After decades of fish stocking decreases to balance the alewife and Chinook salmon populations, the Michigan DNR is seeing good indicators that a modest stocking increase may be warranted in Lake Michigan.
To discuss this proposal and receive public feedback, the DNR will host a virtual meeting Monday, Sept. 19, from 7 to 8:30 p.m.
“We have seen several years of good Chinook salmon growth and have a slight increase in the alewife biomass, or abundance of those fish,” said Jay Wesley, the DNR's Lake Michigan basin coordinator. “Although the alewife biomass is a fraction of what it was historically, we have a good 2021-year class and have seen up to six-year classes of alewives in our fisheries surveys – that means there are up to six different age groups in the current population of alewife."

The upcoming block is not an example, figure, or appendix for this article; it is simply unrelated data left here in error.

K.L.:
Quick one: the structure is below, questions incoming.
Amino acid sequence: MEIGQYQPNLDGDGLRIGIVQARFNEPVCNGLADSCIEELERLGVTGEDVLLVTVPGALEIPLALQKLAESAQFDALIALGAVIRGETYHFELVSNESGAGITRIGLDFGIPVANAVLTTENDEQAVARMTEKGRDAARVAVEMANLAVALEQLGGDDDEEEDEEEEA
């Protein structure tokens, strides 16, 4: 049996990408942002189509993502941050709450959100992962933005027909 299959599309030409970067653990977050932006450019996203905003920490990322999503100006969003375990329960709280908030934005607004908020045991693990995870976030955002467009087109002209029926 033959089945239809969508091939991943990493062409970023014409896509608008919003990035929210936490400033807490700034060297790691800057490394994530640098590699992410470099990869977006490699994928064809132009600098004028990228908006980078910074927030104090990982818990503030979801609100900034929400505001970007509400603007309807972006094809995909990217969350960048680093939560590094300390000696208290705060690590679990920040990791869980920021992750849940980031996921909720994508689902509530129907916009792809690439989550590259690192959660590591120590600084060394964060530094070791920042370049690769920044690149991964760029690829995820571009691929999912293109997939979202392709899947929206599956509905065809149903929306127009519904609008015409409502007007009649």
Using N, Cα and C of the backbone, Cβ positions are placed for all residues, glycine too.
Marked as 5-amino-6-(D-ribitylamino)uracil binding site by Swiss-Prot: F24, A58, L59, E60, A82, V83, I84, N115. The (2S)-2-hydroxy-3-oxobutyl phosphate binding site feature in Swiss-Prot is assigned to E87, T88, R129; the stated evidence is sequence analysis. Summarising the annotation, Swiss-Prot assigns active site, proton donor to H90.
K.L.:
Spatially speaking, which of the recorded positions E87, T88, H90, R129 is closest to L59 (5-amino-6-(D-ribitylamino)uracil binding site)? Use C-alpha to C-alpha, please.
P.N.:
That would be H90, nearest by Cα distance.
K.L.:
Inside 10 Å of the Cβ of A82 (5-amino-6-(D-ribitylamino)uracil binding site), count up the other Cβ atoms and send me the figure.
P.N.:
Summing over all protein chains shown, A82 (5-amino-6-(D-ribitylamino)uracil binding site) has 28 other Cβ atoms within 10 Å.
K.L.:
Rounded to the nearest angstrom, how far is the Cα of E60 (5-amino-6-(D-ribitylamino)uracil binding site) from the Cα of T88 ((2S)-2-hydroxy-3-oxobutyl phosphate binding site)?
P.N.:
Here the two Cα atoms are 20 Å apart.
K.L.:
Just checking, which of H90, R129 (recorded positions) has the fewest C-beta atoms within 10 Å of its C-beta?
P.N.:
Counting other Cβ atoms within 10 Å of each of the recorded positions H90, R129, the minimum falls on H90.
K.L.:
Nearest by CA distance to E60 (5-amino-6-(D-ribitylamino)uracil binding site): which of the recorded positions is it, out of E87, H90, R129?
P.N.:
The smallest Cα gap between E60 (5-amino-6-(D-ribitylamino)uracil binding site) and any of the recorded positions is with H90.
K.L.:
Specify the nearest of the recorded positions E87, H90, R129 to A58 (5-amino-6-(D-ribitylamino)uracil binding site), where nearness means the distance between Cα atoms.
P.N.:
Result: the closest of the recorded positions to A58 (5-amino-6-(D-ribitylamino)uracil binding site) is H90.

A "year class" refers to all of the fish of any species hatched, either through natural reproduction or through fish-rearing efforts, during that year's spawning period.
Wesley said that a recently run predator-prey model also suggests that Lake Michigan has a good ratio of Chinook to alewife biomass, which is one of many indicators used to inform stocking decisions.
“The proposed 54% increase from 650,000 to 1 million spring fingerlings is a modest increase compared to the estimated 4.5 million wild Chinook salmon in Lake Michigan,” said Wesley. “It will allow us to increase numbers at sites like Charlevoix that contribute to the entire lake fishery and reinstate stocking sites like Ludington State Park and Fairport.”
Michigan Sea Grant will assist with the Zoom meeting:
- Save the date: Monday, Sept. 19, 7 to 8:30 p.m.
- Passcode: 2022
- Or join via telephone: 646-876-9923 or 301-715-8592
- Webinar ID: 994 1124 7153
- Questions? Contact Jay Wesley
- Meeting organizers will provide an update on the conditions of Lake Michigan, along with proposed stocking locations and number of fish stocked.
- The Michigan DNR works with the Lake Michigan Committee, which is represented by the states that border the lake (Illinois, Indiana, Michigan and Wisconsin) and the Chippewa-Ottawa Resource Authority, to co-manage the fishery in Lake Michigan.
- To learn more about how the DNR manages fisheries, visit Michigan.gov/Fishing.